|Occupation Poet, educator|
Name Jacqueline Berger
Education Goddard College
Born Jacqueline Lisa Berger November 30, 1960 (age 55) (1960-11-30)
Books The Gift that Arrives Broken: Poems, The mythologies of danger, Things that Burn
Book discussion with the first ladies lady jacqueline berger
Jacqueline Lisa Berger (born November 30, 1960) is an American poet and director of the graduate English program at Notre Dame de Namur University in California. She is the author of three books of narrative poetry: The Mythologies of Danger (1997), Things That Burn (2005), and The Gift That Arrives Broken (2010). Her work is concerned with the themes of desire and loss.
- Book discussion with the first ladies lady jacqueline berger
- 1 Jacqueline Berger reading Gone and other Poems
- Selected works
1 – Jacqueline Berger reading ‘Gone’ and other Poems
Berger was born in Los Angeles and received her BA in English from Goddard College in 1982. She studied under Olga Burmas and Jane Miller at Goddard, and later became interested in free writing and attended the Freehand Women's Writing Community in Massachusetts. Berger obtained her MFA from Mills College in 1995.
Since the late 1990s, she has been the Program Director for the Master of Arts in English at Notre Dame de Namur University (NDNU) in Belmont, California. Berger is also an assistant professor and director of the writing center at NDNU and teaches writing at City College of San Francisco. She draws inspiration from the dependent relationship between her teaching and writing career: "I really adore teaching, and it certainly inspires me. And I couldn’t teach writing if I didn't write. So the two certainly work together."
In the mid-2000s, she participated in the Changing Lives Through Literature program, teaching prisoners at the San Mateo Women's Correctional Facility.
She married technical writer Jeffrey Erickson in 2004.
Her poetry has been published in two anthologies of American literature: "Grandfather" was included in On the Verge: Emerging Poets and Artists (1995); "Getting to Know Her", "The Gun", and "Between Worlds" were published in American Poetry: The Next Generation (2000). Berger's poems have also appeared in Patterson Literary Review, Poetry Flash, Rhino Poetry and River Styx Magazine.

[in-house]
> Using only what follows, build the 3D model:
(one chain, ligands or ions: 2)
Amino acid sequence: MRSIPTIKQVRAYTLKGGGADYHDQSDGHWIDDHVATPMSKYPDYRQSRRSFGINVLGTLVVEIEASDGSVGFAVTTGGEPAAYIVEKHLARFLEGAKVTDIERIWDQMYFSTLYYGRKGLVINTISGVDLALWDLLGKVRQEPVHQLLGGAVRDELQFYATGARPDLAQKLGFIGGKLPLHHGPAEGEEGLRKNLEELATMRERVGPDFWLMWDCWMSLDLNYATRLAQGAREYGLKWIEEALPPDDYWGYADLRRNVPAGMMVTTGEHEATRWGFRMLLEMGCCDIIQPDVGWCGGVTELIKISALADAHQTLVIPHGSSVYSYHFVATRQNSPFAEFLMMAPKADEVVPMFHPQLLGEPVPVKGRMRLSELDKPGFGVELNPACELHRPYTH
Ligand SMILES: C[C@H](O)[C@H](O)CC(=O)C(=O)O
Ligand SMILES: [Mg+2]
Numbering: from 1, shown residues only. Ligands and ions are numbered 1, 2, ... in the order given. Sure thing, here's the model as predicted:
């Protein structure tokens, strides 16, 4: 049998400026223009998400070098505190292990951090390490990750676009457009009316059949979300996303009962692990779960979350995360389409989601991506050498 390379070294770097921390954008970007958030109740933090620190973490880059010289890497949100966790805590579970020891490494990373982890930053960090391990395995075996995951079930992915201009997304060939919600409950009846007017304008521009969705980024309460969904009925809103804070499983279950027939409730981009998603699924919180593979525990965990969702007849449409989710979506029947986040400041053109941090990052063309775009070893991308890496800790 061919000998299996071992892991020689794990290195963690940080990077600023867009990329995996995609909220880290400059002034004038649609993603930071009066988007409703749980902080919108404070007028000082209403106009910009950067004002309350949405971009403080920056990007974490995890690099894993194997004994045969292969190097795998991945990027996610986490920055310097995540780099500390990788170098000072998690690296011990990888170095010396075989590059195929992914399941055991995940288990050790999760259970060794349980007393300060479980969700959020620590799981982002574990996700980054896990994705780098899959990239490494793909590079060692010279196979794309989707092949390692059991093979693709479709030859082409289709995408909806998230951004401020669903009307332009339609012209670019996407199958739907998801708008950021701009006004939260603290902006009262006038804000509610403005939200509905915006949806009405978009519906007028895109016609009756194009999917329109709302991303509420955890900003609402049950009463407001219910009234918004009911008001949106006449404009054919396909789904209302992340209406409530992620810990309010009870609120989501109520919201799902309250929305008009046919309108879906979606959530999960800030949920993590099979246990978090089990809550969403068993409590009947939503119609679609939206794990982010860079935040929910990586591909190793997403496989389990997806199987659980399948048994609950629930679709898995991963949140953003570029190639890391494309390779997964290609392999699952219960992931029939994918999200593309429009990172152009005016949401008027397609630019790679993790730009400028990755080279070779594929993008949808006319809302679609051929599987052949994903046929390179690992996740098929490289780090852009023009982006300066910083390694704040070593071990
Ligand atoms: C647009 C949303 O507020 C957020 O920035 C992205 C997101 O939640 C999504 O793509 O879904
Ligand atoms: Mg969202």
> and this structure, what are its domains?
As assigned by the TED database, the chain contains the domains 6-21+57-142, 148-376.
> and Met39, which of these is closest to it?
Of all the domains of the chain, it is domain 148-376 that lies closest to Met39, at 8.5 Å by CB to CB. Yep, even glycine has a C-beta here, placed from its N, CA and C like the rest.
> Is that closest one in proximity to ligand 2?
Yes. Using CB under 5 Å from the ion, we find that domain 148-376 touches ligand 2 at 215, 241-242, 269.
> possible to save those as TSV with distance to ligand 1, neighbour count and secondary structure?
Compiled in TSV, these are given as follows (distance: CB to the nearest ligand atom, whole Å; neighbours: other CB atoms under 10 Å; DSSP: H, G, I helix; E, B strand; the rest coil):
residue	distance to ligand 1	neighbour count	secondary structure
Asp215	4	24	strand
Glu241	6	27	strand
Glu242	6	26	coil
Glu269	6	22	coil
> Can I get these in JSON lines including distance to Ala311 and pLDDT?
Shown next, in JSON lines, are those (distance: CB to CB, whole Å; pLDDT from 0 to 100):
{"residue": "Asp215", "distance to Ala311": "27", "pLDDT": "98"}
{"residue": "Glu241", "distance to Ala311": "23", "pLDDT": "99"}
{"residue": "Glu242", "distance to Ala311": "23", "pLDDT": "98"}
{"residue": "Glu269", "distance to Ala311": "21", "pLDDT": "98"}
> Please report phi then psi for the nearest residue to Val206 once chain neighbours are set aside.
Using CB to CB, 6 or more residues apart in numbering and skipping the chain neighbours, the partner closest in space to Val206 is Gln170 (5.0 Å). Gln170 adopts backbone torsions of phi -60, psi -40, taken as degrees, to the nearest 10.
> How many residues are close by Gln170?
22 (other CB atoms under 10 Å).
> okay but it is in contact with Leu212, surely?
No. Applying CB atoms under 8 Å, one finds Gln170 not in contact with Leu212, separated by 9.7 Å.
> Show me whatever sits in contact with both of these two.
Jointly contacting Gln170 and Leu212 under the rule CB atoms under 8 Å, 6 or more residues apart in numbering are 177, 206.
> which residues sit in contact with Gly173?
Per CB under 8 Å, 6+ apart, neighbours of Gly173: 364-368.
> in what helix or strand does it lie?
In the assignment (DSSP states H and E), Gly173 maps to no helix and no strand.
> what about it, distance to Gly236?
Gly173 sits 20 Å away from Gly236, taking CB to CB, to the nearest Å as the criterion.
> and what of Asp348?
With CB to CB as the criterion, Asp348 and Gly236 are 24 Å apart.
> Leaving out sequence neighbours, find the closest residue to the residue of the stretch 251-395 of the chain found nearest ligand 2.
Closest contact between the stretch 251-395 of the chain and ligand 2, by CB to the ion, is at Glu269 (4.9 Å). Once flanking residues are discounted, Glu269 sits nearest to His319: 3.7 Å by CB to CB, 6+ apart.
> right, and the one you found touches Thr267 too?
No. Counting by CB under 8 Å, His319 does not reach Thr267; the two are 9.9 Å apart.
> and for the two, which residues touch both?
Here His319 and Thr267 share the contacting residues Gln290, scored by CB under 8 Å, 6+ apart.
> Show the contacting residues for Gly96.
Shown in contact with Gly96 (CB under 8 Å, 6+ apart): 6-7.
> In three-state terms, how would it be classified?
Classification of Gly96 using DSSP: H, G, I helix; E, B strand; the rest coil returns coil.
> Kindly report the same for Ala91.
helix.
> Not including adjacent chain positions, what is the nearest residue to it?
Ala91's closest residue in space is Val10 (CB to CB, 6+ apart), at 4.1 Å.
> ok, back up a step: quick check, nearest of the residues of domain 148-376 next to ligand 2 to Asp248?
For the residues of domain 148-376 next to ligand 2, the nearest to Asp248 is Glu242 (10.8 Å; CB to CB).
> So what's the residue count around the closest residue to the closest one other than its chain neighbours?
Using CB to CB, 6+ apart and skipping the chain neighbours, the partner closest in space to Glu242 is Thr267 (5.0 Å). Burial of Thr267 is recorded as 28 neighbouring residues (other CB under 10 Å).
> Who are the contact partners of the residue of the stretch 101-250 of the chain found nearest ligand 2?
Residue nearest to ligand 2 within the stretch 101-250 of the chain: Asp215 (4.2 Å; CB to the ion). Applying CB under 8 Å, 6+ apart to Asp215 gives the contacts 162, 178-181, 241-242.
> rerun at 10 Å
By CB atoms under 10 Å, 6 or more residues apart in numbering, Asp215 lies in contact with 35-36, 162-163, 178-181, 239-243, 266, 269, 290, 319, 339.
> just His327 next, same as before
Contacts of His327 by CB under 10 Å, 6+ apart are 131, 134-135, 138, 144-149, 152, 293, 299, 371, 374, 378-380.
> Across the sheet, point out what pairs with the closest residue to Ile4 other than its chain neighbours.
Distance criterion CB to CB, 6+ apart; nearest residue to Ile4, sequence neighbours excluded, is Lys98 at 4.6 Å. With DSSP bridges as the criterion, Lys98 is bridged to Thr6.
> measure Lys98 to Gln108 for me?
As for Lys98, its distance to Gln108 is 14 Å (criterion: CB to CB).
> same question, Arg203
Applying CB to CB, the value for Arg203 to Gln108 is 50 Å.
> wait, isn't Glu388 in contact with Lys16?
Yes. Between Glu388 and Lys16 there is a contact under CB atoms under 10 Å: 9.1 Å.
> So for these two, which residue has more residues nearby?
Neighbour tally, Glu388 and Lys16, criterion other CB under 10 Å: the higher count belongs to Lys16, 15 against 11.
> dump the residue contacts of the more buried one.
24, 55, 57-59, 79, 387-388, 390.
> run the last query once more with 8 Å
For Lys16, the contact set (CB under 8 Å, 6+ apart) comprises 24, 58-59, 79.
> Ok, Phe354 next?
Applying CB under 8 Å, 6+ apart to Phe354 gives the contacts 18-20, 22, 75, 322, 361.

Her first book of poetry, The Mythologies of Danger (1997), won the Bluestem Poetry Award and the Bay Area Book Reviewers Association Award. American author Alberto Ríos, the final judge at the Bluestem competition, described Mythologies of Danger as "poems of immediate human energy and willful edge...Always bold but always thoughtful too...a smart, compelling move into the speaker's world of charged moments, sparks, which here are always dangerous and ingenuously engaging."
Things That Burn (2005), her second book of poetry, was awarded the 2004 Agha Shahid Ali Prize in Poetry by Mark Strand, United States Poet Laureate (1990–1991). It was published by the University of Utah Press. In Things That Burn, Berger uses narrative poetry to explore the ambient nature of feeling: "I want to use both story and language to enter the place where experience is atmospheric—the blue or red smoke of the soul, if you will."
Her third book, The Gift That Arrives Broken (2010), won the Autumn House Poetry Award. The title originates from a deleted line in a poem that reflected a new closeness with her family at a time when her mother and father were both ill.
Berger is an advocate of the free writing technique for generating initial ideas in a notebook followed later by a separate, secondary process of using the computer to shape and refine the poem. She believes that the writing process is similar to the dream experience that occurs during sleep. For Berger, the writer doesn't consciously choose a topic to write about in as much as the material simply comes when the time is right:
We don't go to bed at night with an idea of what we're going to dream about. It's a very strange and mysterious and unconscious process...you have weird dreams that appear out of left field and we don't control it. I really do think that writing is much the same. I generate all my material through free writing, which is pouring things out in a notebook. And I just don't know what's going to pop-out.